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Yet my site pages load very slowly. Usually there's a 2-3 second lag before the page renders, and I cannot figure out why.

  • My site is powered by Wordpress v3.4.2.

  • I'm on a dedicated virtual server with plenty of resources and bandwidth.

  • There are no huge images loading.

  • My CSS files load before JS scripts.

I've spent a lot of time trying to optimize the site within the constraints of the platform (Wordpress + plugins, etc). I don't expect my site to be SUPER fast, but I need it to not be SO slow.

I'm using Chrome's developer tools to audit my site but the suggestions do not appear to explain the long load time (unused CSS rules, etc). When I look at the timeline, I see a 2.7x second load time initially but I can't figure out why. Can anyone help me get to the bottom of this?

My site is located here. The homepage has some extra scripts, so it may be more helpful to look at this page.

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If you are not caching or using other WP specific optimization on the server it seems to be running OK for me on OS X. One thing, there are too many scripts being called. Maybe there is a way to combine those. Also, consider a WP specific host such as Page.ly or WPEngine –  Scott Simpson Sep 7 '12 at 18:11
You aren't specifying sensible cashing defaults or marshalling your css and js into unified resources. There is also about a 1.5s lag on your main doc html starting to stream back to the browser. Have you also sorted out the obvious stuff like making sure that you are using mod_php5 instead of cgi and also an opcode cache such as APC or xcache? –  TerryE Sep 7 '12 at 20:58
Can you elaborate on the 1.5s lag? I see that also in the tools I'm using but I don't know what causes it. Is that a server issue? –  SDP Sep 8 '12 at 0:05
If there is a 1.5s lag on the main doc streaming back to the browser there's a healthy chance this is caused by too many modules loading in Apache, using too much memory then memory thrashing. I had this exact same problem. –  Dave Hilditch Sep 8 '12 at 0:25
I can only observe the lag from the client-end. I can only guess, not investigate, the causes. As I hinted, WP loads ~100 PHP script files to fart. mod_php5 means you don't pay for PHP image activation (~100mSec) per request. APC (with stat=0) means you don't go loading all that crap from your file system and instead the previously compiled code is fetched from the SHM cache. You can also use memcached to memory cache some of WP's meta data. All basic 101 stuff. There are lots of Q&As around this topic if you care to explore. –  TerryE Sep 8 '12 at 16:49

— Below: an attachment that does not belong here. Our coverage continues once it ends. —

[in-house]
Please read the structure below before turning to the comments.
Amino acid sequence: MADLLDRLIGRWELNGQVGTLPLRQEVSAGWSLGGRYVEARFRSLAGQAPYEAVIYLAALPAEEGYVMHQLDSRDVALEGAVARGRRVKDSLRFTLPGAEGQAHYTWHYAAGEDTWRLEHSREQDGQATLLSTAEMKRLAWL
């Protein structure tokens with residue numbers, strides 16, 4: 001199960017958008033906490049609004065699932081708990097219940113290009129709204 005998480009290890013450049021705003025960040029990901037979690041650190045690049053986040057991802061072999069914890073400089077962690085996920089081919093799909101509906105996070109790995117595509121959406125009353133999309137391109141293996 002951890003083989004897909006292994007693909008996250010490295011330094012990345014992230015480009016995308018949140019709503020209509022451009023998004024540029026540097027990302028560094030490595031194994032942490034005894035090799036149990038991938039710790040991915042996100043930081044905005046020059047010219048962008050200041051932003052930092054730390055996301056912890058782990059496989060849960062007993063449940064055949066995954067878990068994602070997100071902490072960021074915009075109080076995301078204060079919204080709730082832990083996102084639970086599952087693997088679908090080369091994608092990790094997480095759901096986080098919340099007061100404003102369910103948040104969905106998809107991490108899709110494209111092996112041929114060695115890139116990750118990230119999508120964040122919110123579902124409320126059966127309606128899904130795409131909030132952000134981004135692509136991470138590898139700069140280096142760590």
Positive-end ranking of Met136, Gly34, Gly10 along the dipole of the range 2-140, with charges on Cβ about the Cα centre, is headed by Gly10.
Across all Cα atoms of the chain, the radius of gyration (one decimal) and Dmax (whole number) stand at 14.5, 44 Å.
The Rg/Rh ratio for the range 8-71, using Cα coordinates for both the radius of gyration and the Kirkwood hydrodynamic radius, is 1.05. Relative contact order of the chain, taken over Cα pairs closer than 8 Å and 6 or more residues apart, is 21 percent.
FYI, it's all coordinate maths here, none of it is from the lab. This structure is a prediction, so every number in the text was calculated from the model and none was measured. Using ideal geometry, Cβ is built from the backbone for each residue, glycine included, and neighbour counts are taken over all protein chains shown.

3 Answers 3

up vote 2 down vote accepted

I found this superb guide which really helped me fight through the mire of optimising Apache for use with WordPress:


You said you have a virtual server so chances are it's currently set up to load EVERY module - you'll find a great speed boost here if you eliminate unnecessary modules. Keep a backup of your config file in case you screw it up.

Also - use the TOP command through SSH to see how much memory PHP is using. Probably a lot currently. This will all be improved through eliminating modules as per above link. You don't mention how much memory you have on your VPS but there's a good chance your performance issues are coming from memory thrashing which will be mitigated significantly by reducing how much memory each PHP instance consumes using the link above.

Also, it matters to find out where your performance issues are actually coming from – a great little plugin called WP Tuner helps me locate performance bottlenecks. The original plugin is incompatible but someone else has written an upgrade:


That will help you identify which specific parts of the page are taking the longest to load so you will immediately find your performance bottleneck.

In addition, a cool plugin called Debug Queries is useful for tracking down performance issues although the wordpress profiler above actually does track queries too.

Finally – I can’t recommend highly enough this WordPress.org discussion on performance, and specifically on W3 Total Cache vs Super Cache (both are excellent).

It’s a fantastic read for anyone looking for split-second response times: http://wordpress.org/support/topic/wp-super-cache-vs-w3-total-cache

I use W3 total cache on one of my sites and WP Super Cache on another. Both are great. I used both so I could learn about both. I would say use WP Super cache plus all the other tools the guy at the link above recommends if you're looking for extreme performance, but if you're looking to get immediate performance W3 total cache is more comprehensive in its initial setup.

Hope that helps.

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Wow! So much great information. I'm going to get to work on it right away. –  SDP Sep 8 '12 at 0:52
Just be sure and add a caching solution last, once you've solved all the other problems. –  Dave Hilditch Sep 8 '12 at 2:19
  • use caching plugin,
  • put JS files at the bottom,
  • try different webhost (DB server may be slow sometimes)
  • minify css and JS,
  • make fewer HTTP requests
  • make sure external services (like FB and others) are not slowing down (remove them and see if it helps)
  • run Yslow or similar test
  • try to use typekit or google font instead of cufon
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Have you tried http://wordpress.org/extend/plugins/wp-super-cache/ or a similar caching plugin?

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